CRA provides tax credits for donations to various registered charities. There is a federal 15% donation credit on the first $200 in donations and 29% (33% if your income is above $220,000) credit on any amount more than $200. These donations must be made before December 31, 2022, and the maximum amount that can be claimed in a year is 75% of your net income.

In addition, you may want to consider a donation of publicly traded securities. The taxpayer will receive a donation credit based on the full market value of the stock at the date of the donation and any capital gain earned on the stock is then not taxable in the hands of the charitable recipient. The net result is a higher deduction for you and more money in the hands of the charity.

Consider this example: Let’s say you have shares in a company with a current market value of $5,000 and a cost of $1,000. If you sold the shares, you would pay tax on 50% of the $4,000 gain, or $2,000, and assuming a marginal tax rate of 45%, would owe $900 in tax – meaning only $4,100 cash would be available to donate to the charity. Conversely, if you donate the shares, you will receive a donation receipt for $5,000, you will owe no capital gains tax for the increase in value, and the charity gets $5,000 in value.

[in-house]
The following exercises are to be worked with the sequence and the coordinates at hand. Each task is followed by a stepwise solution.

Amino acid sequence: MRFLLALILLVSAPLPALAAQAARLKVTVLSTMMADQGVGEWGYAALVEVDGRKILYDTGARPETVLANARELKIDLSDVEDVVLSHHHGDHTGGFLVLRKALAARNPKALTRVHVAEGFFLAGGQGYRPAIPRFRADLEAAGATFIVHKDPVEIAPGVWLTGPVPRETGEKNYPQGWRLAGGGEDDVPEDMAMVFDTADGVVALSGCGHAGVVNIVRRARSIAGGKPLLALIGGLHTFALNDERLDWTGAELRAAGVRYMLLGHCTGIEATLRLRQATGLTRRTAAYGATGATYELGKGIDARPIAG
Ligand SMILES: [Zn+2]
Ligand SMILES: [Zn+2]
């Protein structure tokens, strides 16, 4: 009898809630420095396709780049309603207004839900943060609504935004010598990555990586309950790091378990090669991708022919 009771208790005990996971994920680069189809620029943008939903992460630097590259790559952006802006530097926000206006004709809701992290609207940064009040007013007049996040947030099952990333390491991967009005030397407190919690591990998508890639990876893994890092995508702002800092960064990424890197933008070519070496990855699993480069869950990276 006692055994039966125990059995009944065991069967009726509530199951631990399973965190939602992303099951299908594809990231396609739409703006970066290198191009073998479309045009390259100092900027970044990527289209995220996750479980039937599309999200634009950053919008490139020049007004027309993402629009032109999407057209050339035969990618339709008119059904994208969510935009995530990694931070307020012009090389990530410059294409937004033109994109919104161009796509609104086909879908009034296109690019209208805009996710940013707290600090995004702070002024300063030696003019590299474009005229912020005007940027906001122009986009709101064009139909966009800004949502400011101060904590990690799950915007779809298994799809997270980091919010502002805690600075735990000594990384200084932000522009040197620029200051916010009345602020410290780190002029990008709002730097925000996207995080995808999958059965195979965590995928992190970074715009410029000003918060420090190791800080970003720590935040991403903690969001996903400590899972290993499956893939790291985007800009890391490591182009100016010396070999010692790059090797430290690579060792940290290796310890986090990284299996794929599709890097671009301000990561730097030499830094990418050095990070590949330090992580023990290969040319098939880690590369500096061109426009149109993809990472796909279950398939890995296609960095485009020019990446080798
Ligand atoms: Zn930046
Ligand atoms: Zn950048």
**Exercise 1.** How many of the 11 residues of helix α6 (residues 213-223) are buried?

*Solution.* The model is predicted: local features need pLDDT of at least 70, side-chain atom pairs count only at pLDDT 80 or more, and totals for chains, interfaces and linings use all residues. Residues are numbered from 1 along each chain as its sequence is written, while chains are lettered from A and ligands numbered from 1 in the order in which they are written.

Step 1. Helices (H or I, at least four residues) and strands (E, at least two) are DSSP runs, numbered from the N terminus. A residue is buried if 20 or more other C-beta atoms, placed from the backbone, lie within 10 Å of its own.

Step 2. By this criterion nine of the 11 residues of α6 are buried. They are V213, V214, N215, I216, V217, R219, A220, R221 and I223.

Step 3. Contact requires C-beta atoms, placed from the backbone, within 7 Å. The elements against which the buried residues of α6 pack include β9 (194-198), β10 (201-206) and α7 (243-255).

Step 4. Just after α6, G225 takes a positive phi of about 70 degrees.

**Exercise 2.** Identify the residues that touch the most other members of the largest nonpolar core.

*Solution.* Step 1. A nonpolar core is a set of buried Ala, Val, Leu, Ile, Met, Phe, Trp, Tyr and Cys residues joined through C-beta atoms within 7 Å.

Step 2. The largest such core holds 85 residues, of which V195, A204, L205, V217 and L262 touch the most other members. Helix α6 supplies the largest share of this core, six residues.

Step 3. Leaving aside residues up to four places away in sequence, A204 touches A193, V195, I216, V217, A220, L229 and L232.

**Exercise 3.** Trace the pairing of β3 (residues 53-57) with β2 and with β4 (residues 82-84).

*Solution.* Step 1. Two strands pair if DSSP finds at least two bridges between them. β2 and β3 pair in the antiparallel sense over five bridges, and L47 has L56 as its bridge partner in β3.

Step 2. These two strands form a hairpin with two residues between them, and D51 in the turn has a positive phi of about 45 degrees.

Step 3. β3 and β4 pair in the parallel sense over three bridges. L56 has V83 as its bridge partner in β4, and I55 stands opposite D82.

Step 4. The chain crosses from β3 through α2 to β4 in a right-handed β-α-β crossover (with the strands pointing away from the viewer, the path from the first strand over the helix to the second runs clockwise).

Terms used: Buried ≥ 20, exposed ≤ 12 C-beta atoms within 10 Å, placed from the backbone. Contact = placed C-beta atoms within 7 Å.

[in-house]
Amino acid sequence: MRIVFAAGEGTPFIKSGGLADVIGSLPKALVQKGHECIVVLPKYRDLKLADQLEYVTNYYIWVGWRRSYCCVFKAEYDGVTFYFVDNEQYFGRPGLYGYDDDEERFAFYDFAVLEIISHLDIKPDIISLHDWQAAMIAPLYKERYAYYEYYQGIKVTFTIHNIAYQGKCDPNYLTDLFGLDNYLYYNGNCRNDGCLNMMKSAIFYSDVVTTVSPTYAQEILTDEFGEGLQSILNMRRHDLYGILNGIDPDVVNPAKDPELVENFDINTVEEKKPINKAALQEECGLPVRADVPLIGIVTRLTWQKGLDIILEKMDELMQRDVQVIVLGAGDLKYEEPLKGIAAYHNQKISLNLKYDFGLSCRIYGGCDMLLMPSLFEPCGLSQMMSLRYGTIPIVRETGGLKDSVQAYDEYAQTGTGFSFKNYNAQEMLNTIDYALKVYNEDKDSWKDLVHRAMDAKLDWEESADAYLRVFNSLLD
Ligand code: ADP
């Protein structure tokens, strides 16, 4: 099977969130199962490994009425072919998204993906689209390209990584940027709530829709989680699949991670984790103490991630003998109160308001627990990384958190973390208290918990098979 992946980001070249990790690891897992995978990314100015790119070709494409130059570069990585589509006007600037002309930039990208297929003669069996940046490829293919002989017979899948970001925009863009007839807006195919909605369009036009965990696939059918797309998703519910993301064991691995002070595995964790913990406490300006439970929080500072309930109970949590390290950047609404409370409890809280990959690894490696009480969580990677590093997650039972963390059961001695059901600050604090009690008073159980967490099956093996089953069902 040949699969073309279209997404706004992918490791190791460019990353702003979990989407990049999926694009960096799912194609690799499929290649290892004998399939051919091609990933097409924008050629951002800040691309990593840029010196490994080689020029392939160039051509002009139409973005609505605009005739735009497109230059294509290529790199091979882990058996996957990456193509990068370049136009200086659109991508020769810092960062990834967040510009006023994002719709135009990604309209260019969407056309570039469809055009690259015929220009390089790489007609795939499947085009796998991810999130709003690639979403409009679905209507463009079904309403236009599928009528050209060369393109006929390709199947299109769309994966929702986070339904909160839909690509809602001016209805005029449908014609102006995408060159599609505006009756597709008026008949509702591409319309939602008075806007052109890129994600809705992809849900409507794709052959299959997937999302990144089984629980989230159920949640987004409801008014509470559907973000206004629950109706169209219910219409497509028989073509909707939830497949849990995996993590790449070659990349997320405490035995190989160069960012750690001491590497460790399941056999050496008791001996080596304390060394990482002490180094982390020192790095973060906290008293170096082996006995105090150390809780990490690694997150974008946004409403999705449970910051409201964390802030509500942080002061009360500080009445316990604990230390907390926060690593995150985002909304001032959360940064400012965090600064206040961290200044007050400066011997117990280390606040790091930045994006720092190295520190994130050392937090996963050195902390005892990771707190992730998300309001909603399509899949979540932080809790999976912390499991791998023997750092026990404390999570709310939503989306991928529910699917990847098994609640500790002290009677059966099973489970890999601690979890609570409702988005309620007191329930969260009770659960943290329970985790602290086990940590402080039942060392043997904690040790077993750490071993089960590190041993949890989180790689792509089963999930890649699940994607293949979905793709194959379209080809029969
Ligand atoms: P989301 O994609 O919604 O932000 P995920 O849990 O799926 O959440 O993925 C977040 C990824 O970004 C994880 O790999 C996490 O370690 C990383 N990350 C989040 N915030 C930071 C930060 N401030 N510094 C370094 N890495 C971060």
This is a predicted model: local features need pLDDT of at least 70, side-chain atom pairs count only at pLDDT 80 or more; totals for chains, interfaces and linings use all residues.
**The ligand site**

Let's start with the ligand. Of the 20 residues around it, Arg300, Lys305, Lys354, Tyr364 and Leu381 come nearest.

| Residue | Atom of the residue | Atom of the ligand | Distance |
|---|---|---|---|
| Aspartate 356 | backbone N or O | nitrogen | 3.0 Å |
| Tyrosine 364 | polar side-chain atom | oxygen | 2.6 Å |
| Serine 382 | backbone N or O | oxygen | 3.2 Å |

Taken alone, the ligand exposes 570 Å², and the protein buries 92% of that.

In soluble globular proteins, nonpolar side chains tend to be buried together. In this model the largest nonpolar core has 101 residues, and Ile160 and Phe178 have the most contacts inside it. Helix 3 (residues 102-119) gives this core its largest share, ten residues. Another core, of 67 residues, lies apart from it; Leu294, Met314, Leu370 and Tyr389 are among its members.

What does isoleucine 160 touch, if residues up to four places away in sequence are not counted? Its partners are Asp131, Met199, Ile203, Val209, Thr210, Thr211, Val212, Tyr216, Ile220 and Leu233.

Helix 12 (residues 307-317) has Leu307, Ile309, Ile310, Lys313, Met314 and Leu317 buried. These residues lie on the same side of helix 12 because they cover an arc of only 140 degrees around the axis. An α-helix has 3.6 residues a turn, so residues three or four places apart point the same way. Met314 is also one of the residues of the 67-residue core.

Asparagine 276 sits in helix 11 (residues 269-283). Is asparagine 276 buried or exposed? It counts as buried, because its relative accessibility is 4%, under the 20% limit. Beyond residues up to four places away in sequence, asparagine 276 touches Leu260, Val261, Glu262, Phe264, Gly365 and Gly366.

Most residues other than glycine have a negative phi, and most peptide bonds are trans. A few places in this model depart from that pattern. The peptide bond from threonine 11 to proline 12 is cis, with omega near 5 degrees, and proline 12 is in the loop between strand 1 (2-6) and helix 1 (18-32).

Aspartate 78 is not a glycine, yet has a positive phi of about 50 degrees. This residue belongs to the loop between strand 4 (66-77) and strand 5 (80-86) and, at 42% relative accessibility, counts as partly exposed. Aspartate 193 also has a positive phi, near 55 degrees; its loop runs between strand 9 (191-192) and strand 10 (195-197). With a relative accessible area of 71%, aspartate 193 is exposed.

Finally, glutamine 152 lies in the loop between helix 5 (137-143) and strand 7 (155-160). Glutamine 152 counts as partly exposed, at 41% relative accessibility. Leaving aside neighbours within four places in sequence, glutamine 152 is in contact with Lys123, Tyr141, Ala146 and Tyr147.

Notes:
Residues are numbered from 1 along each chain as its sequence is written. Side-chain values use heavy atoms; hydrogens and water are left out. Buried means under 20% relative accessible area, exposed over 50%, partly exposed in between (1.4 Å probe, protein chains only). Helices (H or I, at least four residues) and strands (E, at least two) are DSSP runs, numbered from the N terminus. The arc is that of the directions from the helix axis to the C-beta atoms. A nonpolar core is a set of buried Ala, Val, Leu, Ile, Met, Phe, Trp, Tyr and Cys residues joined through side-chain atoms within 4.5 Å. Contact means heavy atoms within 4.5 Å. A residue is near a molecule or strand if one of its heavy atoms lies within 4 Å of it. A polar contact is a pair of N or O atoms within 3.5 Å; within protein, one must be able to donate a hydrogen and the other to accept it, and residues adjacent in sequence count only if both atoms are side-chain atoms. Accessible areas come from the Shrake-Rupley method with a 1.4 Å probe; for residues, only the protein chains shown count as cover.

This approach should be done carefully with your tax professional, investment advisor, and the charity working together.

Pension income

There is a Federal Pension Income Tax Credit of $2,000 available for any pension income earned in the year. If you are over 65 years old, consider converting some of your RRSP into a RRIF (Registered Retirement Income Fund), to receive up to $2,000 in pension income, to qualify for this benefit.

Medical expenses

A tax credit is available for medical expenses that exceed the lower of 3% of your net income and approximately $2,500 in 2022. Medical expenses must be incurred within any 12-month period ending in 2022 and must not have been previously claimed. In addition, any expenses already reimbursed by a health plan cannot be claimed.

Home accessibility

A tax credit of 15% up to a maximum of $10,000 (with a proposed increase to $20,000 in the 2022 budget) in expenses is available for seniors and those eligible for the disability tax credit for certain home renovations. The renovations must be to make the home more accessible, functional, or reduce the risk of harm for the taxpayer. If you are considering any renovations, expenditures need to be paid out before December 31, 2022, in order to qualify for the current tax year.

File a tax return for children

RRSP contribution room is created based on earned income, and there is no minimum age to create contribution room. Why not start them off early and get them in a good habit of filing an annual return? In addition, if your child is 19 years or older, they may qualify for the GST rebate (credit) or the BC climate action tax credit.

Tuition credits